Examining the culture and politics of the Black Power era of the late 1960s, this book explores the relationship of soul music to the Black Power movement from the vantage point of the musicians and black revolutionaries themselves. The 1960s were a turbulent time for race relations in the United States, but no other area in the country epitomized the radical social change that was taking place more than the San Francisco Bay Area—the epicenter of the Black Panthers movement. This social history introduces fans of soul music and 20th-century U.S. history enthusiasts to the Black Panthers' own band, the Lumpen, a group comprised of rank-and-file members of the Oakland, California–based Party. During their year-long tenure, the Lumpen produced hard-driving rhythm-and-blues that asserted the revolutionary ideology of the Black Panthers. Through his rediscovery of the Lumpen, and based on new interviews with Party and band members, author Rickey Vincent provides an insider’s account of Black Power politics and soul music aesthetics in an original narrative that reveals more detail about the Black Revolution than ever before.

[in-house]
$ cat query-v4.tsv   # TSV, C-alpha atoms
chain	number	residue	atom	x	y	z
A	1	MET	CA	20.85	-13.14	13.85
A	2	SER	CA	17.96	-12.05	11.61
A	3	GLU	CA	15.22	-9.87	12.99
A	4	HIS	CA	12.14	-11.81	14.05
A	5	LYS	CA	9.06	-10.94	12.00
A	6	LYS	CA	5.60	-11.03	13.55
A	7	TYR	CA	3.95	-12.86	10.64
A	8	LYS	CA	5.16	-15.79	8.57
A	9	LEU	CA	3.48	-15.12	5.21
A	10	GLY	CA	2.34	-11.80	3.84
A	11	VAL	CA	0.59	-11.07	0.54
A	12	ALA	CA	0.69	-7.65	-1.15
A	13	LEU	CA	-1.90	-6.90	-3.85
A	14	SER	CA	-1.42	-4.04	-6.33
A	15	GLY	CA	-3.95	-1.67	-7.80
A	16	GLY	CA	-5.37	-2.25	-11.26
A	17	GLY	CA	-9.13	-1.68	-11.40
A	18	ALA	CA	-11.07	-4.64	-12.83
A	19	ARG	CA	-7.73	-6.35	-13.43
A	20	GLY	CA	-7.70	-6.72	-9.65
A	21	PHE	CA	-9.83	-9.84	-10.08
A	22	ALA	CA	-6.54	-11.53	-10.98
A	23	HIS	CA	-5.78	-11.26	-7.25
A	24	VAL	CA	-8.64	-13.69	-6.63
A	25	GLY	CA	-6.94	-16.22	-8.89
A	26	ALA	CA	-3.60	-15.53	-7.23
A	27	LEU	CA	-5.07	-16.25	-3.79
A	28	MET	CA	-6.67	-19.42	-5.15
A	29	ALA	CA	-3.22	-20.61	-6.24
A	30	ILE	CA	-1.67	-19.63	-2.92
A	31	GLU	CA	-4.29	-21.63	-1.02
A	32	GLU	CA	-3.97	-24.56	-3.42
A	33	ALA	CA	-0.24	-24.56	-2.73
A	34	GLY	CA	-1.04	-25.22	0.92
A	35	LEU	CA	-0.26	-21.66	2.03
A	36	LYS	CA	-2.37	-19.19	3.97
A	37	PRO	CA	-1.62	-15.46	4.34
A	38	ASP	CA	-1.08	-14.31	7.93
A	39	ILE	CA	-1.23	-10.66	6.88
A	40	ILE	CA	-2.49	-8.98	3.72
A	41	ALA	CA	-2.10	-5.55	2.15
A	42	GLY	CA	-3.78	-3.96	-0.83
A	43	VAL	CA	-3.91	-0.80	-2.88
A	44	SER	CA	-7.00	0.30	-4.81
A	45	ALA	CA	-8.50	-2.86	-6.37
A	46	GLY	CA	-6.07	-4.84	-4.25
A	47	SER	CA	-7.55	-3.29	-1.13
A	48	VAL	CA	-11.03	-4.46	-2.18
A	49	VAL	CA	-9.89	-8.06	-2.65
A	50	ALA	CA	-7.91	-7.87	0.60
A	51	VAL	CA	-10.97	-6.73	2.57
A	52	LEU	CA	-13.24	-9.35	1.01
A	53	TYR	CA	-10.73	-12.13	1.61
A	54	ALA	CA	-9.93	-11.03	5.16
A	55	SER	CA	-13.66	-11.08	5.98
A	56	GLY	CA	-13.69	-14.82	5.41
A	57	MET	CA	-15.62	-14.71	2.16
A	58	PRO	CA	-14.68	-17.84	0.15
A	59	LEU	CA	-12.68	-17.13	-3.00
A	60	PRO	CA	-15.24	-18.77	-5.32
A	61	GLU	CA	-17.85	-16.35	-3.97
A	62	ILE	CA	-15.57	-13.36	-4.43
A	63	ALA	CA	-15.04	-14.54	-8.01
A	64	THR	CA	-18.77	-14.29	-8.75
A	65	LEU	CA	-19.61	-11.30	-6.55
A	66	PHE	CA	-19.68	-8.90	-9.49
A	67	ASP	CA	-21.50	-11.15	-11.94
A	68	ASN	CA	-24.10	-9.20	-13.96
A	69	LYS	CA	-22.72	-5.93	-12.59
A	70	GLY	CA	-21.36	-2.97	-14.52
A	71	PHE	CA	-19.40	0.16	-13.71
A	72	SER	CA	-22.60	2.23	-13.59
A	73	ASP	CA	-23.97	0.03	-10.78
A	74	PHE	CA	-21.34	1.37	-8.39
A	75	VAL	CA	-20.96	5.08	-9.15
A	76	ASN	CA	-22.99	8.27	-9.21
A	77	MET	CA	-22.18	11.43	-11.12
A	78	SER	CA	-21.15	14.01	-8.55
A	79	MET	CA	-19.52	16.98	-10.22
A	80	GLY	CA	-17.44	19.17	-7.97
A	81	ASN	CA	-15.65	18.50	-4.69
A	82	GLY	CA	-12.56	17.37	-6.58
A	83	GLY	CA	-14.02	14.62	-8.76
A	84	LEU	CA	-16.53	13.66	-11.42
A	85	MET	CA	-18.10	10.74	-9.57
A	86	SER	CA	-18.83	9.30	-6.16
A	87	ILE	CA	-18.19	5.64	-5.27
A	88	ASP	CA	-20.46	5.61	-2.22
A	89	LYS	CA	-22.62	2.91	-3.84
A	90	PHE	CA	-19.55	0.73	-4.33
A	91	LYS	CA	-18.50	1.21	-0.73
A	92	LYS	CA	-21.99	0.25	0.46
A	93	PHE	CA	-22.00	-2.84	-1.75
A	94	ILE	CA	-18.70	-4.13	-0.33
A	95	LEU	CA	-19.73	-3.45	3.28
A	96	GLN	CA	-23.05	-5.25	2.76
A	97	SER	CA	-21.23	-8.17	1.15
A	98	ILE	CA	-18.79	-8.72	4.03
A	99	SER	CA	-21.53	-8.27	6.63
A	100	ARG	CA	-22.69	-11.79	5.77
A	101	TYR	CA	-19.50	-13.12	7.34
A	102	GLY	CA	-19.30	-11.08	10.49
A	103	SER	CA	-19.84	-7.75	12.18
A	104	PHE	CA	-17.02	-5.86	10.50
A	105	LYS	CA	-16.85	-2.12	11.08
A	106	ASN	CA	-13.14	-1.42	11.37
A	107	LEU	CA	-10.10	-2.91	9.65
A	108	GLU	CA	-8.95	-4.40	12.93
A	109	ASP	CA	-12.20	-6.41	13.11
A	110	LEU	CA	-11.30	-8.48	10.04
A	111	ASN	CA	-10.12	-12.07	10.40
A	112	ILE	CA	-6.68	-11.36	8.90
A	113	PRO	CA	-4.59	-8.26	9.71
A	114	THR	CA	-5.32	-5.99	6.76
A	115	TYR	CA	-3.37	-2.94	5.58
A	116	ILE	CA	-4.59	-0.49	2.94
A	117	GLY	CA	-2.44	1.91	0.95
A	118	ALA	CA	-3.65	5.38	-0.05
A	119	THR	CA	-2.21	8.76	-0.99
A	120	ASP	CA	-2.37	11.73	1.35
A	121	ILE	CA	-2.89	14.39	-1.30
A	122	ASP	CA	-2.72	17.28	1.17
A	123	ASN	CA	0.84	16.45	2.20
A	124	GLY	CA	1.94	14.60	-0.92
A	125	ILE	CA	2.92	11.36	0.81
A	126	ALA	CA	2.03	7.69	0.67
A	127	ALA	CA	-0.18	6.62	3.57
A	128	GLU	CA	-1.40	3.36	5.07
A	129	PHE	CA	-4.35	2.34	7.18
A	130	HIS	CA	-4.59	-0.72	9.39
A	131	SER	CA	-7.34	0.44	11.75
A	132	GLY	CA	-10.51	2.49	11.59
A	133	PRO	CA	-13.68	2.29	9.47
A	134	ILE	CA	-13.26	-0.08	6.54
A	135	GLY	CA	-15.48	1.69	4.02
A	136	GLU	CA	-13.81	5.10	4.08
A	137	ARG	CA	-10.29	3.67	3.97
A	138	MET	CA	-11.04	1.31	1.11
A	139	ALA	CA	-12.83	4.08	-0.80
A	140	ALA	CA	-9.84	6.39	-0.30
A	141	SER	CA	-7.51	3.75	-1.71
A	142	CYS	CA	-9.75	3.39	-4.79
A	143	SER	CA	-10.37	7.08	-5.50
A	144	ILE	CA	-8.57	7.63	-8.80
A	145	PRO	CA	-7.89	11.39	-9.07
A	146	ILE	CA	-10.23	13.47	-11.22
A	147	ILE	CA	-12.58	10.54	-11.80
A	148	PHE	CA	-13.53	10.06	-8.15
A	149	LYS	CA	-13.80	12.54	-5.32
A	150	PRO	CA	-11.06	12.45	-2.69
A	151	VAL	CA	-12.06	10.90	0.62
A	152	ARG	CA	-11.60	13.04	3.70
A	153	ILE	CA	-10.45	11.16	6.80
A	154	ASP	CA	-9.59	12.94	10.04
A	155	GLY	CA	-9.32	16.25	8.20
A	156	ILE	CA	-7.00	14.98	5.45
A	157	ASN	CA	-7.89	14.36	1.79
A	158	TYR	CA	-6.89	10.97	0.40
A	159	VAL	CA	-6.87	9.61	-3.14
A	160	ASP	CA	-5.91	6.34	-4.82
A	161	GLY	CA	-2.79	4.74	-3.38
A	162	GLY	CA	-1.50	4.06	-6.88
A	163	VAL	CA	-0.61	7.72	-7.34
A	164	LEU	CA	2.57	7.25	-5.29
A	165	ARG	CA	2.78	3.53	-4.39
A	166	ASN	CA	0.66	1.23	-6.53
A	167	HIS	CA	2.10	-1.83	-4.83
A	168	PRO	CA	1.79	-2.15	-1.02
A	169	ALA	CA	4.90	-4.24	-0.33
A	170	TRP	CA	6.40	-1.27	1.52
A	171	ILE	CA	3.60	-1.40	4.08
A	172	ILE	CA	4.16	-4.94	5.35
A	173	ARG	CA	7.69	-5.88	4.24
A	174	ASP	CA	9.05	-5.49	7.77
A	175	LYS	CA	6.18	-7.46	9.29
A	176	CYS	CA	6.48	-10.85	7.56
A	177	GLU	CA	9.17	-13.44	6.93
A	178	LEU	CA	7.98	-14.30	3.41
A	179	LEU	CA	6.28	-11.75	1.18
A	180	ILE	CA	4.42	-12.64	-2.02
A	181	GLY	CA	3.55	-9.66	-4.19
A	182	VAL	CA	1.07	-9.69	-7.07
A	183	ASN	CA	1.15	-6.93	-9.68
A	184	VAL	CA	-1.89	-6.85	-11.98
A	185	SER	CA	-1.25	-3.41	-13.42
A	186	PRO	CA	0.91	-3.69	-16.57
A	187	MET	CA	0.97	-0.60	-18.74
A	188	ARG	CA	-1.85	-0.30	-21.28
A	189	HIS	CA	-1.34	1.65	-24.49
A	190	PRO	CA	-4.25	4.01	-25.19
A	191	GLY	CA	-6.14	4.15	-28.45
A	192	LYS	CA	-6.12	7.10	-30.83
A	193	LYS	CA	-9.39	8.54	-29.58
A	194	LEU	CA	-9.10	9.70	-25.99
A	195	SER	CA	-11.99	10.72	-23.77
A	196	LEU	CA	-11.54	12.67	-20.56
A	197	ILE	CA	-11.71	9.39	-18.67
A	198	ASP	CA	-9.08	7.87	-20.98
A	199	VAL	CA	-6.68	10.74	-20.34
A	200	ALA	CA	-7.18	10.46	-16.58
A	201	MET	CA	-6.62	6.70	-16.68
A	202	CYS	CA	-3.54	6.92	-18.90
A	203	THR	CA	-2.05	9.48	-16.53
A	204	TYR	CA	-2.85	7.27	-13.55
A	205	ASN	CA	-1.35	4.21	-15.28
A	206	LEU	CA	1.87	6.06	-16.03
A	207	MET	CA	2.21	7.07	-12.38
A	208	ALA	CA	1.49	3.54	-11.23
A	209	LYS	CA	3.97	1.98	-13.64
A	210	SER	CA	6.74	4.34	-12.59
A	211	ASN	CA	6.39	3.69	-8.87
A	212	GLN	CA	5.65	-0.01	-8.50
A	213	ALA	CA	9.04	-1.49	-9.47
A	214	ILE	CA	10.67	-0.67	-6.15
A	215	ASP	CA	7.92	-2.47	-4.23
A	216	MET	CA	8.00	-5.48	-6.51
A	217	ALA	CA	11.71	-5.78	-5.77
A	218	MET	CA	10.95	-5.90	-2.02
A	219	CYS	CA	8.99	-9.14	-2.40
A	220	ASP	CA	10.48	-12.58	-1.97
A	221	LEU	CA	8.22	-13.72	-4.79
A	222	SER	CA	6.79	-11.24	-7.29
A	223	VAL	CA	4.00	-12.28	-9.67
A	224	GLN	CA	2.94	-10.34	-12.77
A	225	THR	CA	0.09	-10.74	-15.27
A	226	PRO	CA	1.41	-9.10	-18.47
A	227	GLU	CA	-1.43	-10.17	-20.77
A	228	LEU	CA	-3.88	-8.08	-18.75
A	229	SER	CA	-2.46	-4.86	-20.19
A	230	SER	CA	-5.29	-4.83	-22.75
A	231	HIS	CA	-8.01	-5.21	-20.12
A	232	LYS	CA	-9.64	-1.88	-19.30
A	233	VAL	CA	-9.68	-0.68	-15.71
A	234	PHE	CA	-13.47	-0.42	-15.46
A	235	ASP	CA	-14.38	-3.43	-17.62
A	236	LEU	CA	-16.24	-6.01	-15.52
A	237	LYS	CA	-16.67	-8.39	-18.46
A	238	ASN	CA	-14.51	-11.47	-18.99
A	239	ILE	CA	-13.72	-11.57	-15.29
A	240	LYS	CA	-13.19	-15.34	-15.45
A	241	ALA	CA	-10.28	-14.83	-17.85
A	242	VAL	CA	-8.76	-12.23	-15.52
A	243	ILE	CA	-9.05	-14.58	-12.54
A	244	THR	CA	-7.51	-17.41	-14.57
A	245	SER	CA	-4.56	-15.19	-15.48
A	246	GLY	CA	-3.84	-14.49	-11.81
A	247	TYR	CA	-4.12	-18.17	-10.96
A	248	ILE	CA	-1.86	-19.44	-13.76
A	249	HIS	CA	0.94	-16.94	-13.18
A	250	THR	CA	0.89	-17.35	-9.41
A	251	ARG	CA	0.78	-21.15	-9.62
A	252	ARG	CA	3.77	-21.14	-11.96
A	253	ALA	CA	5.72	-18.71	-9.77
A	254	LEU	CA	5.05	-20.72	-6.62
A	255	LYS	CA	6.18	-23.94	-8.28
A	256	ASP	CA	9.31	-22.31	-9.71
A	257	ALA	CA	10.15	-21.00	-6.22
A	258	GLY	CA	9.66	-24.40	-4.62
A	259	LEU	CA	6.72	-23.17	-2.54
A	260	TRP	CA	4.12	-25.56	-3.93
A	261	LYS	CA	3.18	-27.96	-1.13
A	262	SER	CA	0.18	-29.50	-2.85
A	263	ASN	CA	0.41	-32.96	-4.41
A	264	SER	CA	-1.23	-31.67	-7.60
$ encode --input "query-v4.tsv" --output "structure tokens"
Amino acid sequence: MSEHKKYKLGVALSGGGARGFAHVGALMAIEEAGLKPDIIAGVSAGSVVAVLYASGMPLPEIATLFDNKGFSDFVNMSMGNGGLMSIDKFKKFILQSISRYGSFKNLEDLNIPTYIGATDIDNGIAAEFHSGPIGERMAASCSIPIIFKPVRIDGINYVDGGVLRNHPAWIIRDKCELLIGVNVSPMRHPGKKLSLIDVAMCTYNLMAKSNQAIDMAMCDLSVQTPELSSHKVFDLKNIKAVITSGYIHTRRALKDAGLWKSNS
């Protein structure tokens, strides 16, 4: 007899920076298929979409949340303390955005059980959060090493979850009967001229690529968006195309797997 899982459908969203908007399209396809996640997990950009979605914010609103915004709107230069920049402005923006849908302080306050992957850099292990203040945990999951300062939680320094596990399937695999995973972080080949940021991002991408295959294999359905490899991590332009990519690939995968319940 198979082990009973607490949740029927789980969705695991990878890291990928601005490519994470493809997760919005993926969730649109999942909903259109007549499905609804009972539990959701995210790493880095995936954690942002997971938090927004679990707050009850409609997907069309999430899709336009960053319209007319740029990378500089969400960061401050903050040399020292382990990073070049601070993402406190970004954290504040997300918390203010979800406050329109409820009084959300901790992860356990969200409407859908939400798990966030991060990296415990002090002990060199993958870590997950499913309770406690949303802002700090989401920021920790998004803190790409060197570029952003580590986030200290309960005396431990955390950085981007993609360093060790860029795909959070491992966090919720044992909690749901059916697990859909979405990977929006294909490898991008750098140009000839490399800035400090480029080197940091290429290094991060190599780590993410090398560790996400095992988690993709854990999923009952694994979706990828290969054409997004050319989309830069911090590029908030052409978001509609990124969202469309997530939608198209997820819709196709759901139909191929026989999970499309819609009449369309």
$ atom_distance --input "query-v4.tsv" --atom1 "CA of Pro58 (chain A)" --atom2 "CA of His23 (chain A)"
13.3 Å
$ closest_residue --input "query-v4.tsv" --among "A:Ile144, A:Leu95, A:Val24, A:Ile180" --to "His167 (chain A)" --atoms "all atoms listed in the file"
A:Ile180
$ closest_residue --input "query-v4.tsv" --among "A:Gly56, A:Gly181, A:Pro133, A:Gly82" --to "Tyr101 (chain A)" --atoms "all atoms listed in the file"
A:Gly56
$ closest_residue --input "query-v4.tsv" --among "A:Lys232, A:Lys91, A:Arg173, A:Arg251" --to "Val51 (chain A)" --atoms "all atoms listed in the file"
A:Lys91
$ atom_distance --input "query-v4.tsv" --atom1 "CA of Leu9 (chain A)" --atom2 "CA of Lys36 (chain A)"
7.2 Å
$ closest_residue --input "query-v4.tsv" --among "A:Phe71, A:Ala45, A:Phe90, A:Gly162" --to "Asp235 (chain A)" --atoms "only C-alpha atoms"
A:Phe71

It's not common knowledge that the fiery Black Panthers organization had a rocking house band, the Lumpen, in the late 1960s and early 1970s, but Vincent (Funk) sets the record straight in this book about a tight-knit group of activist musicians who sang their revolutionary ideology to the community. Although the band performed for less than a year, Vincent, a professor at the University of California-Berkeley, stresses the important role of music in black culture at that time, with the Lumpen piggybacking on the triumphs of James Brown, Sam Cooke, and Aretha Franklin, giving high-energy performances "of blackness, hyper-masculinity and hyperbole, of smack talk that put the Man in his place and exalted everything gloriously black." If this well-detailed book accurately chronicles the funky black power groove of the Panther band, it truly succeeds in recapturing the mood of that turbulent time when Huey Newton, Bobby Seale, and Eldridge Cleaver and the Black Panther Party stole national attention with their bravado and purpose. Comprehensive, complex, and revealing, Vincent's nostalgic journey provides an insider's look at a remarkable band and a piercing snapshot of black history.